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      Megakaryocytes Mediate Hyperglycemia-Induced Tumor Metastasis.

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          High blood glucose has long been established as a risk factor for tumor metastasis, yet the molecular mechanisms underlying this association have not been elucidated. Here we describe that hyperglycemia promotes tumor metastasis via increased platelet activity. Administration of glucose, but not fructose, reprogrammed the metabolism of megakaryocytes to indirectly prime platelets into a prometastatic phenotype with increased adherence to tumor cells. In megakaryocytes, a glucose metabolism-related gene array identified the mitochondrial molecular chaperone glucose-regulated protein 75 (GRP75) as a trigger for platelet activation and aggregation by stimulating the Ca2+-PKCα pathway. Genetic depletion of Glut1 in megakaryocytes blocked MYC-induced GRP75 expression. Pharmacologic blockade of platelet GRP75 compromised tumor-induced platelet activation and reduced metastasis. Moreover, in a pilot clinical study, drinking a 5% glucose solution elevated platelet GRP75 expression and activated platelets in healthy volunteers. Platelets from these volunteers promoted tumor metastasis in a platelet-adoptive transfer mouse model. Together, under hyperglycemic conditions, MYC-induced upregulation of GRP75 in megakaryocytes increases platelet activation via the Ca2+-PKCα pathway to promote cancer metastasis, providing a potential new therapeutic target for preventing metastasis. SIGNIFICANCE: This study provides mechanistic insights into a glucose-megakaryocyte-platelet axis that promotes metastasis and proposes an antimetastatic therapeutic approach by targeting the mitochondrial protein GRP75.

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          Author and article information

          Cancer Res
          Cancer research
          American Association for Cancer Research (AACR)
          November 01 2021
          : 81
          : 21
          [1 ] Department of Cellular and Genetic Medicine, School of Basic Medical Sciences, Fudan University, Shanghai, China.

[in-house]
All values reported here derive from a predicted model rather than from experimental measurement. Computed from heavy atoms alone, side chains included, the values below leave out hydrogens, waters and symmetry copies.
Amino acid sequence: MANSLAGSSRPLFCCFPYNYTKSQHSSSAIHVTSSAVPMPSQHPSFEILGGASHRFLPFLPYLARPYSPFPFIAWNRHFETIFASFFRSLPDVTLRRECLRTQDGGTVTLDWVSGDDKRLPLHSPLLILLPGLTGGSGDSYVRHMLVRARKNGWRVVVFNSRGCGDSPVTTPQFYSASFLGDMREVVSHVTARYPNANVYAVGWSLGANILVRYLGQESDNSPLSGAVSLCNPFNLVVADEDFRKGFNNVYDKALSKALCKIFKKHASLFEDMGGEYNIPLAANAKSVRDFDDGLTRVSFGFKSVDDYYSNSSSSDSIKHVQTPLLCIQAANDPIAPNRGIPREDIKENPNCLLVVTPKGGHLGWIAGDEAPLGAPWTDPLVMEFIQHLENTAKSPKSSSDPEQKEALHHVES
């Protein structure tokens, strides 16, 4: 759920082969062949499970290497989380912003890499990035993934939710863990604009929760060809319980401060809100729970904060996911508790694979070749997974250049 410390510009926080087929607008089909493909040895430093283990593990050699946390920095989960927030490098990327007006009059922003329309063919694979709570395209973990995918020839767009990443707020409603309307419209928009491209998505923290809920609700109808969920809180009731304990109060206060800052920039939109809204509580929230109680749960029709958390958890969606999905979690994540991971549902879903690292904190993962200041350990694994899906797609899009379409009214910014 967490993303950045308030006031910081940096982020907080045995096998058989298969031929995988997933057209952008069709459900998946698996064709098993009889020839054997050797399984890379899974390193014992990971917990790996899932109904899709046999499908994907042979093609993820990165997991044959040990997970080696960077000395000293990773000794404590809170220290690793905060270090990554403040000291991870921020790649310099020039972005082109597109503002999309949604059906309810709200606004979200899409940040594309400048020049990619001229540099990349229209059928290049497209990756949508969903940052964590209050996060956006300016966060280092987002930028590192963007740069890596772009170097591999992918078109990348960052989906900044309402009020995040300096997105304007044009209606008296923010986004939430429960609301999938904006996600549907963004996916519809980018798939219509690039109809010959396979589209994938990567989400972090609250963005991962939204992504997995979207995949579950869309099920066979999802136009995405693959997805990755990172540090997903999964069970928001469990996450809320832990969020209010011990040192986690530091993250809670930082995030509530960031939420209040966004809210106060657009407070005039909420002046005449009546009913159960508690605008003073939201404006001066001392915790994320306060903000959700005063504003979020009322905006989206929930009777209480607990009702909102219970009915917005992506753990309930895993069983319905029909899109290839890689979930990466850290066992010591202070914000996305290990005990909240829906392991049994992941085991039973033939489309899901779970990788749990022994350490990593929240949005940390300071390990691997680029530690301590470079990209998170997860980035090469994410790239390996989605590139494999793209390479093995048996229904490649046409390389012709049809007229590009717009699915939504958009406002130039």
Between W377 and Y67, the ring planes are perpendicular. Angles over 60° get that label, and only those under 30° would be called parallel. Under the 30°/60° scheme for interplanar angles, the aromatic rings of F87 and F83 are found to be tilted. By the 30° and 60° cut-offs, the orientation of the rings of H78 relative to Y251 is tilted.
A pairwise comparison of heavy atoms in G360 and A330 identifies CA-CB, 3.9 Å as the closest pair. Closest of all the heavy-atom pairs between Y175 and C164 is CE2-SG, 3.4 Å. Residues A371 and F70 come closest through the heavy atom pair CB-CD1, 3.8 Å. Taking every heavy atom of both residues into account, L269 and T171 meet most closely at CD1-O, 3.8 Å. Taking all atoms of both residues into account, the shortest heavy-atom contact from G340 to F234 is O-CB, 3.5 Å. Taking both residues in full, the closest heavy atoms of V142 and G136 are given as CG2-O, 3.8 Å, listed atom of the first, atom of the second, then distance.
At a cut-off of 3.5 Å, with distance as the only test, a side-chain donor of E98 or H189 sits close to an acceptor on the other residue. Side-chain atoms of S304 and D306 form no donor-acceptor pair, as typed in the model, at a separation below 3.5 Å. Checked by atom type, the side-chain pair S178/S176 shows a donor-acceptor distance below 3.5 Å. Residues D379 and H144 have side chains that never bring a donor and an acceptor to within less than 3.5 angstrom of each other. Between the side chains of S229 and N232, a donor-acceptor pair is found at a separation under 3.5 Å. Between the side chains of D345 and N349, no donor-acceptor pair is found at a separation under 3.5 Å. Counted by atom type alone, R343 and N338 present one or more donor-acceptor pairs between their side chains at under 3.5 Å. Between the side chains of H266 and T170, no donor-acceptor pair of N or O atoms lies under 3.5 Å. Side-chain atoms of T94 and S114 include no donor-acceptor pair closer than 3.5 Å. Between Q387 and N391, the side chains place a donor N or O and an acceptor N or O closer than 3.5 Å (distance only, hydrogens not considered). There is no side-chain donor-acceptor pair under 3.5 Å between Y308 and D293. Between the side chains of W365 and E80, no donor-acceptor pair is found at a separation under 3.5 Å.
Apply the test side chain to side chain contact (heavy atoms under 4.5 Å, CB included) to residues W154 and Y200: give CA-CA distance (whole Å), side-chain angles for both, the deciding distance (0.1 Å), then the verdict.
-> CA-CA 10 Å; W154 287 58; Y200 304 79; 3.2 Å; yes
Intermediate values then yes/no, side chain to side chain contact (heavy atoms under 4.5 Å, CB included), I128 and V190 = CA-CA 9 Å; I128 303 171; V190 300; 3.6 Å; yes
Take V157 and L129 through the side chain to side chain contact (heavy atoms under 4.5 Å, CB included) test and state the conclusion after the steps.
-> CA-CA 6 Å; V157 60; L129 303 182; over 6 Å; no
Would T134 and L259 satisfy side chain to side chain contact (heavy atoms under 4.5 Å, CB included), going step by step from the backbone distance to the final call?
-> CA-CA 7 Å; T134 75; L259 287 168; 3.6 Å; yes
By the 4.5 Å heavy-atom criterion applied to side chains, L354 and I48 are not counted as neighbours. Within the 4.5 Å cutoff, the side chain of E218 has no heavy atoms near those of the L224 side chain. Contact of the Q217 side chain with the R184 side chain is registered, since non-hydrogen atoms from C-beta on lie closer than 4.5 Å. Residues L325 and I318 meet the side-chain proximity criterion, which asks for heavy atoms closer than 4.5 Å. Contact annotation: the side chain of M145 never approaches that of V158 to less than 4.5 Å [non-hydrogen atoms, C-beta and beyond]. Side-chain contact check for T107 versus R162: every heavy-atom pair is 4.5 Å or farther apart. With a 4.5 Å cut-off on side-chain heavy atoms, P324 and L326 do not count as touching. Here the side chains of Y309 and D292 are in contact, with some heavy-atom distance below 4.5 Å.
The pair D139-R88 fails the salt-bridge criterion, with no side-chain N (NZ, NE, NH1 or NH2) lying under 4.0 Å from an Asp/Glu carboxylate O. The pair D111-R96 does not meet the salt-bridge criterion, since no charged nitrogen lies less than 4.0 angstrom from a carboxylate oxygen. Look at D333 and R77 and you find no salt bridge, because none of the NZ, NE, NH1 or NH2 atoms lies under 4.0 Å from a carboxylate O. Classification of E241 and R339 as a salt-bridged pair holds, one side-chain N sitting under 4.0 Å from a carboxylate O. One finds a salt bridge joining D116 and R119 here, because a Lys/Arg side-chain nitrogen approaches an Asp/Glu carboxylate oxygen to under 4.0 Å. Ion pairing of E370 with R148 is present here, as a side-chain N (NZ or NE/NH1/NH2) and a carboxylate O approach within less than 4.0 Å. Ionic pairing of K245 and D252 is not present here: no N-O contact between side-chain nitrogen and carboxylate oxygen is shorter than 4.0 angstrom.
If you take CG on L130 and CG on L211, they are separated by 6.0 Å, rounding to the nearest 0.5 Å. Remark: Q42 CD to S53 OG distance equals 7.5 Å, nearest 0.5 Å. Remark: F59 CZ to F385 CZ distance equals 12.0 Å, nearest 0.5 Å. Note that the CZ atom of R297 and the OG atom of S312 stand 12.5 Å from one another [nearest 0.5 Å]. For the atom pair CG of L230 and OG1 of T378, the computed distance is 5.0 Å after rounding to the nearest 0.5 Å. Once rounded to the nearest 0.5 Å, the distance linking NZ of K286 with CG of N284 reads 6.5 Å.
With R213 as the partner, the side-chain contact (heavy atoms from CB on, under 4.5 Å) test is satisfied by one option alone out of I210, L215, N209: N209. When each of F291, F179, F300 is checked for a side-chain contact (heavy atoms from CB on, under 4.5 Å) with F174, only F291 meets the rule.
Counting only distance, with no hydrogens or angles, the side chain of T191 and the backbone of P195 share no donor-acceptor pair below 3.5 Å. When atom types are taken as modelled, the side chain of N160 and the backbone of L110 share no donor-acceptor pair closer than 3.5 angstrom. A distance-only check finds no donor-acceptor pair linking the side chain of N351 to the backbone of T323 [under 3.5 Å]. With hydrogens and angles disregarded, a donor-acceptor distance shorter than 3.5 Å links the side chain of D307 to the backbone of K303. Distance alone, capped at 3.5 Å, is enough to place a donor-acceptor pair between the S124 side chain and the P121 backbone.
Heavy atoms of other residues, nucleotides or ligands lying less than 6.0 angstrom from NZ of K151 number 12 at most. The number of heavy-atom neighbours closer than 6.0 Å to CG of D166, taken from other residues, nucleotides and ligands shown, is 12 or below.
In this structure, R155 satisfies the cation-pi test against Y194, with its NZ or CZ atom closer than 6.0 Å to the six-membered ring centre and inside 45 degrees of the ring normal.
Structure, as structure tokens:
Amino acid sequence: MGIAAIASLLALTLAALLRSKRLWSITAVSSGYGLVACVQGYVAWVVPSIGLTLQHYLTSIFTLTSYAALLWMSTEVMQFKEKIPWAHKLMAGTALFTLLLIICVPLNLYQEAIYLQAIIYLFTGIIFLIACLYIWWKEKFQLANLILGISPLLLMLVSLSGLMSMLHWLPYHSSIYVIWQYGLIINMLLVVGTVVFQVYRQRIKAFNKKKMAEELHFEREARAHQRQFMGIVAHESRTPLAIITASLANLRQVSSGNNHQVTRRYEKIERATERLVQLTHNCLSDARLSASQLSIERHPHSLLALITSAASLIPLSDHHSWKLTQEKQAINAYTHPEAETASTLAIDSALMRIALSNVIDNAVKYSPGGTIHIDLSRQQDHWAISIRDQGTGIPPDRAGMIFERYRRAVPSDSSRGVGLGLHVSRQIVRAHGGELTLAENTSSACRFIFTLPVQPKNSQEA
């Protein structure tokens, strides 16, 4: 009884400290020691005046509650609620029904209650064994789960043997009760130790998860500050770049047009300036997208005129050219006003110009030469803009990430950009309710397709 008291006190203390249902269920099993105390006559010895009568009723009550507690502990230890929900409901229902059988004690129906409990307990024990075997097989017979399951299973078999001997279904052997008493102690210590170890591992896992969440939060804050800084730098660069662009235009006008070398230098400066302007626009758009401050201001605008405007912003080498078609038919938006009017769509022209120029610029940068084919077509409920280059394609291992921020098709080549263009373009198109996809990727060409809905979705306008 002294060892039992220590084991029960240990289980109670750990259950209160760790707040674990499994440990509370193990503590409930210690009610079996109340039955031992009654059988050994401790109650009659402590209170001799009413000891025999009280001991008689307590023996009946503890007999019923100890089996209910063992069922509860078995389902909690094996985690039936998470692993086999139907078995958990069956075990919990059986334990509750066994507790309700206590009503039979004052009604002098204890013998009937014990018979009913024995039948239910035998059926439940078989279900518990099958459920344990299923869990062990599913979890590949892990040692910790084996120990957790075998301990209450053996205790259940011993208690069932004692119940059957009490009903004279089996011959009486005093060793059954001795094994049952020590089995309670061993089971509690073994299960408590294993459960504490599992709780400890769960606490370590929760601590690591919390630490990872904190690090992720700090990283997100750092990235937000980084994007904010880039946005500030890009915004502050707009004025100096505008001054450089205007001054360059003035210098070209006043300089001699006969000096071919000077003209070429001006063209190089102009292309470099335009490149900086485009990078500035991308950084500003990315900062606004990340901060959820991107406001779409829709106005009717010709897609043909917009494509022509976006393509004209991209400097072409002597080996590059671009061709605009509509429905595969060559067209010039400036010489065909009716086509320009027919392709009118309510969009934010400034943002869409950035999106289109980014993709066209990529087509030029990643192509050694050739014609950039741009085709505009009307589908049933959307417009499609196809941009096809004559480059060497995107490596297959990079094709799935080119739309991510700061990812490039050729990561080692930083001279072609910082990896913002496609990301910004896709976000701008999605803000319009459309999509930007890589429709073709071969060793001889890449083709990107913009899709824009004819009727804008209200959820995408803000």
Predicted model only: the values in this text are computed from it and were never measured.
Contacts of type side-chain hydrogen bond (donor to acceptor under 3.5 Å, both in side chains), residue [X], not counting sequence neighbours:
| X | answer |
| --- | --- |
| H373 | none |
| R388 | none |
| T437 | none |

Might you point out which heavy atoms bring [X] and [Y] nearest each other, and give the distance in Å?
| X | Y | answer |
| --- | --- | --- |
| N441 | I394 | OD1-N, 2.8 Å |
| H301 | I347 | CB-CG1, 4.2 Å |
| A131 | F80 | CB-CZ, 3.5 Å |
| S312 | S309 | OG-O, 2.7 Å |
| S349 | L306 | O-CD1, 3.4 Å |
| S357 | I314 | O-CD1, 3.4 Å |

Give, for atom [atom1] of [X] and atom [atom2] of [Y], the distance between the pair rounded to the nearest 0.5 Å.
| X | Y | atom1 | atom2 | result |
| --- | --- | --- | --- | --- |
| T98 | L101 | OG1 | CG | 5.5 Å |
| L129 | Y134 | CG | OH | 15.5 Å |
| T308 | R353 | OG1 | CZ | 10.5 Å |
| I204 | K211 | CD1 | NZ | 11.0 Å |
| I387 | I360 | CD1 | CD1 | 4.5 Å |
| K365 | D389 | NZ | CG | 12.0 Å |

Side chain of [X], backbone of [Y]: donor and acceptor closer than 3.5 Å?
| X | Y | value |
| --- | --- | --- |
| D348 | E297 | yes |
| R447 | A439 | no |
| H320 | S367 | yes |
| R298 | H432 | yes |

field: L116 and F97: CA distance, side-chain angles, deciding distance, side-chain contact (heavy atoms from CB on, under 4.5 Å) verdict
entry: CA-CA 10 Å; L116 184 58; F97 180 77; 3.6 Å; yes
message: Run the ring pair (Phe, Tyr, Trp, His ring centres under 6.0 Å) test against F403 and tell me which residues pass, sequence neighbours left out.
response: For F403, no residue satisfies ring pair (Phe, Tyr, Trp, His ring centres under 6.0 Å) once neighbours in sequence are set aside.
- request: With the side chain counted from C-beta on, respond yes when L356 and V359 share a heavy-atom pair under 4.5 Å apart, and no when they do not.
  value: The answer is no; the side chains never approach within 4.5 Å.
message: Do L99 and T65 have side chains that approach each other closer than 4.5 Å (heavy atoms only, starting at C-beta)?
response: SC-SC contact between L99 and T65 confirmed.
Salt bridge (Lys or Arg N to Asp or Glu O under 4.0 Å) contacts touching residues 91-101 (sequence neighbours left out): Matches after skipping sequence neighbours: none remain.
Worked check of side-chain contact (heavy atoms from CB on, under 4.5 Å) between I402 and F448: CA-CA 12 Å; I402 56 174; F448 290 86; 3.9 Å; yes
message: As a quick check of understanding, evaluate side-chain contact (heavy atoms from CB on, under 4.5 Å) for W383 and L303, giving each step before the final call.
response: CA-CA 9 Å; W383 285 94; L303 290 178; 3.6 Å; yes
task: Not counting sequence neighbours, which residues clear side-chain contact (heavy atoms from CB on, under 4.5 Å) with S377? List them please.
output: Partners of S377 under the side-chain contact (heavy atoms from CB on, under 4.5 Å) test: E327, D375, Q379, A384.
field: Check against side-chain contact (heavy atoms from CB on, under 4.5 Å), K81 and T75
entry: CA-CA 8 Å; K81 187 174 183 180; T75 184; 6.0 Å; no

[2 ] Department of Oral Implantology, School and Hospital of Stomatology, Tongji University; Shanghai Engineering Research Center of Tooth Restoration and Regeneration, Shanghai, China.
          [3 ] Phase I Clinical Center, Shandong Cancer Hospital and Institute, Shandong First Medical University and Shandong Academy of Medical Science, Jinan, China.
          [4 ] Department of Medical Oncology, Shuguang Hospital, Shanghai University of Traditional Chinese Medicine, Shanghai, China.
          [5 ] Department of Reproductive Medicine, The First Affiliated Hospital of Xi'an Jiaotong University, Xi'an, Shaanxi, China.
          [6 ] Department of Cardiology, Huashan Hospital Affiliated to Fudan University, Shanghai 200040, China.
          [7 ] Department of Medicine, Health and Caring Science, Division of Diagnostics and Specialist Medicine, Unit of Cardiovascular Medicine, Linköping University, Linköping, Sweden.
          [8 ] Shenzhen Eye Hospital, Shenzhen Key Laboratory of Ophthalmology, Affiliated Shenzhen Eye Hospital of Jinan University, Shenzhen, China.
          [9 ] Medical Oncology Department of Jinling Hospital, Medical School of Nanjing University, Nanjing, China.
          [10 ] Department of Cellular and Genetic Medicine, School of Basic Medical Sciences, Fudan University, Shanghai, China. yunlongyang@fudan.edu.cn liuwen@shmu.edu.cn.
          ©2021 American Association for Cancer Research.


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